Furry friends at Isle school during National Guide Dog Week

Fundraising efforts at an Isle school resulted in proceeds of £168 to support the Guide Dogs for the Blind charity, within National Guide Dog Week.

Wednesday, 14th October 2015, 5:06 pm
Guide dogs for the blind paid a visit to Westwoodside C Of E Primary School. Volunteers Derek Mattocks and Martin Southam with dogs Aero and Kean

Puppy walker Derek Mattocks visited Westwoodside C of E Primary Academy with his current puppy in training Aero, a

13-month old golden Labrador, and Martin Southam, himself partially sighted, with his black Labrador retriever cross, Kean.

Both Derek and Martin are Doncaster Fundraising Branch speakers.

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They answered questions about the work of the charity from children, who were delighted to meet the dogs and learn about their important roles as guide animals to people who need them.

Assistant headteacher Helen Spowage said: “Both Aero and Kean were on their best behaviour throughout the visit!

“This visit supported one of our five core Christian values of compassion and allowed even our youngest children to understand how Martin is supported in many daily activities by his best friend Kean.”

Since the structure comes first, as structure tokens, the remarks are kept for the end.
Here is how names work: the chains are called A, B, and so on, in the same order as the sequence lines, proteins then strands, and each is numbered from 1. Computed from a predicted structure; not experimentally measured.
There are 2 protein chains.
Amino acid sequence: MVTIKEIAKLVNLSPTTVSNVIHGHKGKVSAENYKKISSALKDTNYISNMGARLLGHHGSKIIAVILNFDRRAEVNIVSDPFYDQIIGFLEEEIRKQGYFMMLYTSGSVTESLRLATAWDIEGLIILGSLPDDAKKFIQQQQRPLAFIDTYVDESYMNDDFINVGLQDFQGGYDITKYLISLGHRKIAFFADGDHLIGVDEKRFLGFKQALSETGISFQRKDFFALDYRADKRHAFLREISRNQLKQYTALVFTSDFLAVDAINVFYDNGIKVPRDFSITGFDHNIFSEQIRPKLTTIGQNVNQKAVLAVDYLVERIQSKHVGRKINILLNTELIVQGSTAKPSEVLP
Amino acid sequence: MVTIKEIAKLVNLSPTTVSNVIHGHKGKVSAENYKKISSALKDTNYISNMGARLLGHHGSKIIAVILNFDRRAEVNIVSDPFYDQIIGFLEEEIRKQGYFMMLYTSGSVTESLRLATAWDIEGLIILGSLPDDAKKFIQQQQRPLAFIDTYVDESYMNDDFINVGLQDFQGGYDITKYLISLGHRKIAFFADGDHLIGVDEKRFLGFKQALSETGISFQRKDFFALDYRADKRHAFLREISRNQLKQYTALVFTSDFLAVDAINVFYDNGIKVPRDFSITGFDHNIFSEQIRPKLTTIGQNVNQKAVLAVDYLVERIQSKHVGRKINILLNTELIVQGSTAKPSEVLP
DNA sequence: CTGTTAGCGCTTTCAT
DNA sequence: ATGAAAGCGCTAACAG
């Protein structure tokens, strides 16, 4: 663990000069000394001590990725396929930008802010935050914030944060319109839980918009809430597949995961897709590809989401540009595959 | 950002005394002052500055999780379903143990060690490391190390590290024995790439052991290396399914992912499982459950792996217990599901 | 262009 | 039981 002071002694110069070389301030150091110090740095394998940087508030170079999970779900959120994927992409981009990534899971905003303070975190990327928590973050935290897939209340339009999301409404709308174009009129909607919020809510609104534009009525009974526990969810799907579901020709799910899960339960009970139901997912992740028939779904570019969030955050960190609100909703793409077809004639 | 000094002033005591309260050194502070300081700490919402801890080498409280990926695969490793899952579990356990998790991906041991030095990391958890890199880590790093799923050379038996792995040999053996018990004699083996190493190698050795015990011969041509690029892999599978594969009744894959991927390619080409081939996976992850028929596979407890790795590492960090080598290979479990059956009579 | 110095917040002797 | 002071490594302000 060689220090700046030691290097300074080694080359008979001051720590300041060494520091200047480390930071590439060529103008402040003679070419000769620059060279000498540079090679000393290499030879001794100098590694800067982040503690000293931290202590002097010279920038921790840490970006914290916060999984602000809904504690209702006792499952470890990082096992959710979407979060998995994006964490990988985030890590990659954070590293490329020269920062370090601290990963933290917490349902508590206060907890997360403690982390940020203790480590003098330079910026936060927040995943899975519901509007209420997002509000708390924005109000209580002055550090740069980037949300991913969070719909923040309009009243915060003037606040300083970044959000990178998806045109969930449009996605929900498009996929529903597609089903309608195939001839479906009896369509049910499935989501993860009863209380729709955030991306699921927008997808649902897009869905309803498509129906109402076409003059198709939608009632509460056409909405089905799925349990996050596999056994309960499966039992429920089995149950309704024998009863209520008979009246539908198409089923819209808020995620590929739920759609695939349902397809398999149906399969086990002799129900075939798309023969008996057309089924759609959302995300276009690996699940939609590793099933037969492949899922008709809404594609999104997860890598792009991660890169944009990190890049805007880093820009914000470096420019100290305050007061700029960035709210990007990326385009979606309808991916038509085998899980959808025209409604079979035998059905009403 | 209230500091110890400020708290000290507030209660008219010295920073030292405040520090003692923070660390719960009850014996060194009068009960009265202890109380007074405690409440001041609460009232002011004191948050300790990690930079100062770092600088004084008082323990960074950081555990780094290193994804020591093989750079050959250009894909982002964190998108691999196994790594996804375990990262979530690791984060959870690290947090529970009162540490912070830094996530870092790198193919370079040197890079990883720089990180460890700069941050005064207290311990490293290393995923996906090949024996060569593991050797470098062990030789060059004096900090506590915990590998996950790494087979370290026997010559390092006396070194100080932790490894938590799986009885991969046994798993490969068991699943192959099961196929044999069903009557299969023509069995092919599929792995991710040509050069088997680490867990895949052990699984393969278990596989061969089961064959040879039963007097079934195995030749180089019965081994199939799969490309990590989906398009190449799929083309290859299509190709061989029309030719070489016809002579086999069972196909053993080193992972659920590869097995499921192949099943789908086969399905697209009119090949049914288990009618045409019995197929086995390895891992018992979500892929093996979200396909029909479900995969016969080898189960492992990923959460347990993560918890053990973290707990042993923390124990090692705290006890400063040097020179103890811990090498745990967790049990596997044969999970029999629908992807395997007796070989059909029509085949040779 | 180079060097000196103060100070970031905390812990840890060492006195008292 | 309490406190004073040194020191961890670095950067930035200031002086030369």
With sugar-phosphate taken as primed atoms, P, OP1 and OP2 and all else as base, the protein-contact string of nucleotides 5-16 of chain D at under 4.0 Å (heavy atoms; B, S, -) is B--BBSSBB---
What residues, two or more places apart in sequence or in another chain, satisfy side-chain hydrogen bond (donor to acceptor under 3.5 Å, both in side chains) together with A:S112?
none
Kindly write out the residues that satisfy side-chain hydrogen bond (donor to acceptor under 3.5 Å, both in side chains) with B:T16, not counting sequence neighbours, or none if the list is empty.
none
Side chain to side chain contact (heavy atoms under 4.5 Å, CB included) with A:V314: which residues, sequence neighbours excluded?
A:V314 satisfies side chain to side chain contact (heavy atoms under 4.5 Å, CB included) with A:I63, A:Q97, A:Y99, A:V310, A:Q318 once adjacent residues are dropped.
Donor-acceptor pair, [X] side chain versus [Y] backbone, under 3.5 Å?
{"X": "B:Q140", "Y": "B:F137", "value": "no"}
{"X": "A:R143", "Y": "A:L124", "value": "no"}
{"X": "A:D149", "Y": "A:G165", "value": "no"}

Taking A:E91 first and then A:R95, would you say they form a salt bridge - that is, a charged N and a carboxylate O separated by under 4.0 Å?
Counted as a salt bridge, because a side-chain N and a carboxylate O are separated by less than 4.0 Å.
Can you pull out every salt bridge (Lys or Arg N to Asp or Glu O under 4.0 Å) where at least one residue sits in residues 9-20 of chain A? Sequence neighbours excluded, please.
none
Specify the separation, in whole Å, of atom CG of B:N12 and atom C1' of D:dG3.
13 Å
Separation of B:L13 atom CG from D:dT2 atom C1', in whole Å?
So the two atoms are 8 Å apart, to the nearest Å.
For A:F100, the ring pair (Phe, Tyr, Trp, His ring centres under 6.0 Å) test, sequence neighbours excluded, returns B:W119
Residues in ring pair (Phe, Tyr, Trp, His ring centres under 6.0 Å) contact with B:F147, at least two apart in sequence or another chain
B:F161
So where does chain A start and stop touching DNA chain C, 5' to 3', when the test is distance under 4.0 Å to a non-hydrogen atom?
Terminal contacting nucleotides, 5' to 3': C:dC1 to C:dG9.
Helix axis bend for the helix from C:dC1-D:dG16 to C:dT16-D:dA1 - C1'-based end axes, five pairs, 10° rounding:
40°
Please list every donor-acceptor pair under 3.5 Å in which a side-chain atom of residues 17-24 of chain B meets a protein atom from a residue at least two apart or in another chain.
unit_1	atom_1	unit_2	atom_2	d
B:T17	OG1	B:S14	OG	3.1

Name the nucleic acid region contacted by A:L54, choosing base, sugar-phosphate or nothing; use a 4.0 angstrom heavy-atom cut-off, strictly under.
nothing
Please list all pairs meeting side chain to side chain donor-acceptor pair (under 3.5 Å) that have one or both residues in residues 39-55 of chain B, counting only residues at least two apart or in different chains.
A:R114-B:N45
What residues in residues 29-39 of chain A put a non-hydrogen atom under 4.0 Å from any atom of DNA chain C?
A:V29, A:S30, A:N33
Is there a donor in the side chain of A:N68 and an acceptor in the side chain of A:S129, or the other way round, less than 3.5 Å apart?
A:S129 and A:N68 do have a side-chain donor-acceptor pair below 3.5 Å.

The Guide Dogs for the Blind Association provides mobility and freedom to both blind and partially sighted people, pupils were told.

It also campaigns for the rights of people with visual impairment, educates the public about eye care and funds eye disease research.

Independence services include long cane mobility training, and communication and daily living skills.

The association has bred and trained guide dogs for more than 75 years, providing thousands of canine helpers to blind and partially-sighted people of all ages and from all walks of life.

Charity workers also deliver confidence-building rehabilitation services to adults, young people and children who have sight issues.

Research is carried out that provides sound scientific evidence on which to base services, campaigns, policies and operational procedures, and also funds ophthalmic research projects. Workers campaign alongside visually-impaired people for rights that most sighted people take for granted.